Note on Fixed & Variable Cost and Short & Long Run Cost

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Concept of costs

Source: www.economicsdiscussion.net
Source: www.economicsdiscussion.net

A firm produces goods it has to incur expenses. Such expenses are payments to labor, land owners, capital, purchase of raw materials, fuels etc. Cost is concerned with financial aspect of production. There are different types of cost in economics. Among them, the concept of fixed and variable costs are discussed.

Fixed Cost

The expenses made for setting up the production plant are the fixed cost. It doesn’t change in the short time period and also doesn’t depend on the quantity of production. For e.g.: cost of machinery, building, managerial team etc. are the fixed cost. It is also known as overhead cost or supplementary cost.

Variable Cost

Variable cost is the one which changes along with the quantity production. For e.g. expenses for raw material, energy use, daily wage labor etc. are the variable cost. Thus, variable cost is those which vary with variation in the total output.

Short Run

The short run is a period of time in which one factor of production is fixed so that the firm can change its output by changing the variable factors only. The firm in the short run cannot alter fixed inputs because it is technically difficult to do so in the short period. If the firm wants to expand then it will cost high.

Long Run

The long run is a period of time in which all factors are variable. In the long run, the inputs don't remain fixed and the firm can take decision easily. The firm can change its output by altering the firm’s plant size, altering capital input or even changing the plant size.

Short-Run Cost Curves

Total Fixed Cost (TFC)

Total fixed cost are fixed cost which must be incurred by a firm in the short run, whether the output is small or large. They are those cost, which is fixed in volume for certain given output. It includes expenditure made on land, building, machinery, administrative expenses, insurance fee, and so on.

Total fixed cost (TFC) is explained with the help of the table.

Outputs (in units)

TFC (in Rs.)

0

10

1

10

2

10

3

10

4

10

The above table shows that total fixed cost remains the same at every level of income. The cost is Rs.10 when the output unit is 0. When the output increases from 0 to 1, the cost is still the same i.e. Rs.10. Similarly, the output goes on increasing and reaches to 4 units but the cost is fixed to Rs.10. It can be shown from the following figure:

Fig: TFC Curve
Fig: TFC Curve

The above figure shows, TFC curves represent the total fixed cost curve, which is parallel to the horizontal axis as it remains constant at a different level of output. Here, the TFC is fixed in OP when the level of output increases from OQ, OQ1, OQ2 and OQ3.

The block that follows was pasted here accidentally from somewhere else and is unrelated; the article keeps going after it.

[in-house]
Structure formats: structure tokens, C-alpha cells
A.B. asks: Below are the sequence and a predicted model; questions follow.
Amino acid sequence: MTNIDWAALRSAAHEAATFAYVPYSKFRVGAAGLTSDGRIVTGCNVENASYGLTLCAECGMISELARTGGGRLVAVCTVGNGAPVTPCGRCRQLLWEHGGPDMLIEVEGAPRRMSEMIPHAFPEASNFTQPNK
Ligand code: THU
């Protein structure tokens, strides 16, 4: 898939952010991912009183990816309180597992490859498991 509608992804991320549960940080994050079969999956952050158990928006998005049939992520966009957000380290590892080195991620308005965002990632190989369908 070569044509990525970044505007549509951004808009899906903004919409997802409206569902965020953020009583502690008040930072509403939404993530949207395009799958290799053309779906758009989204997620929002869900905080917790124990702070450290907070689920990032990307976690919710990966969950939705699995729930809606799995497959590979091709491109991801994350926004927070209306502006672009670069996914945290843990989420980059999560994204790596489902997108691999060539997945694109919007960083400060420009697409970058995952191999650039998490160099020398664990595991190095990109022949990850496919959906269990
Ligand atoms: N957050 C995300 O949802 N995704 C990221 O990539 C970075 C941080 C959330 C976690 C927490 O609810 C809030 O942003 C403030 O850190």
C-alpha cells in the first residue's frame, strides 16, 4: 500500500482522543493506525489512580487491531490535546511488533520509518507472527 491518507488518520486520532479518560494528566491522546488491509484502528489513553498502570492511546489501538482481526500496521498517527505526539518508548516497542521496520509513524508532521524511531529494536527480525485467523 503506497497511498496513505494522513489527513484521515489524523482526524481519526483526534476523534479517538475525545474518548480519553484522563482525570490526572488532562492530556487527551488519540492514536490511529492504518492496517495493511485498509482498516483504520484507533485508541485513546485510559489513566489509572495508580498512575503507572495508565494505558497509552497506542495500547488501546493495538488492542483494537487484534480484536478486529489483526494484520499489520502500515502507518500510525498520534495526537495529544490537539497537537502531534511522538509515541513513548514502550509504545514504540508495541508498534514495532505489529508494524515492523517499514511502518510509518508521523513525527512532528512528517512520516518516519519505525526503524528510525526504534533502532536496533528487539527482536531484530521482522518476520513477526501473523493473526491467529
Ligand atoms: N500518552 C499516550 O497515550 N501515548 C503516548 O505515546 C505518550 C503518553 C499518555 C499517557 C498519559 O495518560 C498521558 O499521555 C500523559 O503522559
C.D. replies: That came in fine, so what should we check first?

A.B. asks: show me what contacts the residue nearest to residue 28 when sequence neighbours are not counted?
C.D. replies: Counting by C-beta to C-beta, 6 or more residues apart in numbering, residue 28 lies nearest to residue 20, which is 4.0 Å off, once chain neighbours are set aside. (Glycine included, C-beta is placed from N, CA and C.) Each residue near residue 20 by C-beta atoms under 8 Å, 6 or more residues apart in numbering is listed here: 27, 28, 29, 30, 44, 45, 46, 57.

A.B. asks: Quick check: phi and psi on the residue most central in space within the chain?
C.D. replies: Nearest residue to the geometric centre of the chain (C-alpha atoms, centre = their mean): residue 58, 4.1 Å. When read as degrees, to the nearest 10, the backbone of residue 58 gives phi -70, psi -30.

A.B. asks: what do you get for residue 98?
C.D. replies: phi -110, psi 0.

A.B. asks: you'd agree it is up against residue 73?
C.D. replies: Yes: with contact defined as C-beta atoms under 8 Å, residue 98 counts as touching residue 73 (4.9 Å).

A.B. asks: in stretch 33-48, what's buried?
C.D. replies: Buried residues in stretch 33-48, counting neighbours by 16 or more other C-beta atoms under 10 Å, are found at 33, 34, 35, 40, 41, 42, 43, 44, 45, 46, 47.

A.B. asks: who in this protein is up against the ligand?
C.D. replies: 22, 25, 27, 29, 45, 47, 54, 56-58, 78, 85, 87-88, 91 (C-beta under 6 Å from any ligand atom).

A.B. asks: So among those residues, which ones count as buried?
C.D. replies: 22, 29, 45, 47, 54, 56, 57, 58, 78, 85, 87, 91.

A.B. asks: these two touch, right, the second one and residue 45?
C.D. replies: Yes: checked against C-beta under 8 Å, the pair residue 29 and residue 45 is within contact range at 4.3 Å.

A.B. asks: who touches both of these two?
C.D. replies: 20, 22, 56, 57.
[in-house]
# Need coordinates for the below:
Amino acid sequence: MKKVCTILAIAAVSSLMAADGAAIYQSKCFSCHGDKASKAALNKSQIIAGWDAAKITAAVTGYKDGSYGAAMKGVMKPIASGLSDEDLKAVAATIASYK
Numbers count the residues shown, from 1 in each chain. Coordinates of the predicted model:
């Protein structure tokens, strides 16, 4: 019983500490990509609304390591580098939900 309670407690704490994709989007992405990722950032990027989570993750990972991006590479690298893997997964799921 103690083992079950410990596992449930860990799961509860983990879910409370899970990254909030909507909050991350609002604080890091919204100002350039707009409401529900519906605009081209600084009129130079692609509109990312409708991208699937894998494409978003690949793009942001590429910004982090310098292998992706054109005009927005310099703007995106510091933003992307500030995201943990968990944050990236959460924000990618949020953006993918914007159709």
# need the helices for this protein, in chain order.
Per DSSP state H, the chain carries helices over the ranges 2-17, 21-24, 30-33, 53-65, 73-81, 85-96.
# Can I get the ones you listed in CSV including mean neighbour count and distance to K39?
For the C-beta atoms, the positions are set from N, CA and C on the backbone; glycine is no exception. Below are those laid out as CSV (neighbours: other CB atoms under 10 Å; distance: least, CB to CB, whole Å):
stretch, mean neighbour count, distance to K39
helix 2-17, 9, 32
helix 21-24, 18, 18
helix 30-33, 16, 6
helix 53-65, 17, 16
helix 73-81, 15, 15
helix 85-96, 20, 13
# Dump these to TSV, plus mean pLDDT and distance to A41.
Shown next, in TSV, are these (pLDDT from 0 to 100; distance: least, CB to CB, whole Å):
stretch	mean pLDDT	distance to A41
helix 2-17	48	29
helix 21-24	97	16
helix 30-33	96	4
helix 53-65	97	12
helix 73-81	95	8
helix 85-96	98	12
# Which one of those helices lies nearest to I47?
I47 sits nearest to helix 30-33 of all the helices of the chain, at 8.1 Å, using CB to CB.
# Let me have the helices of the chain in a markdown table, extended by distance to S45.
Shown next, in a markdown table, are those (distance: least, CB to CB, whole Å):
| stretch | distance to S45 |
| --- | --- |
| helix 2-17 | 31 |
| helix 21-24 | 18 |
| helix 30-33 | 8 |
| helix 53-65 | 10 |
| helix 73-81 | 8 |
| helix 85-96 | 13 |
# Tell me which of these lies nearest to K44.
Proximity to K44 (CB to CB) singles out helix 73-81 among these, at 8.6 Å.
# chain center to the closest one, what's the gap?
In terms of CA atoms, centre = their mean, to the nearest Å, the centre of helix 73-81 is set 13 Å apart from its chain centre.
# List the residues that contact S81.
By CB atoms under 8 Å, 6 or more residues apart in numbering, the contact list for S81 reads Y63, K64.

Total Variable Cost (TVC)

Total variable cost is those cost which is incurred on the employment of variable factors of production whose amount can be altered in the short run. TVC is the cost incurred on the variable factor like raw material, energy supply, direct labor etc.
TVC can be explained with the help of the following table:

Output (in units)

TVC (in Rs.)

0

0

1

10

2

18

3

24

4

28

5

38

6

50

The above table shows that TVC is 0 when the output is 0. As the production began, TVC increases significantly in the 1st phase due to the inefficiency of management, labor forces or operation module of machinery and equipment. After this, TVC rises up slowly which is seen up to 4 units of production in the given table. After 4 units, TVC again increases. So, as a result of heavy maintenance cost, TVC rises up rapidly.

Fig: TVC Curve
Fig: TVC Curve

The above figure shows the total variable cost curve. TVC is zero at starting when no output is produced. When the output rises, the TVC curve forms an inverse shape due to the operation of a law of variable proportions. At a low level of output and again rises more than the rise in output. Later on, TVC rises less than the rise in output and again rises more than output.

Total Cost (TC)

Total cost is the sum of total fixed cost (TFC) and total variable cost (TVC) in the short run. It gives the total cost of production of the firm in the short run. The total cost of production changes with the change in total variable cost as it changes with the level of output.
i.e. TC = TFC + TVC

Total cost can be explained with the following table:

Output in units

TVC

TFC

TC

0

0

10

10

1

10

10

20

2

118

10

128

3

24

10

34

4

28

10

38

5

38

10

48

6

50

10

60

The above table shows that the total fixed cost remains constant with every increase in output. The total variable cost increases with the increase in the level of output. Total cost (TC) is obtained by adding TFC and TVC. TC increases with the every increase in output pushed by TVC. Hence, TC and TVC has a positive relation.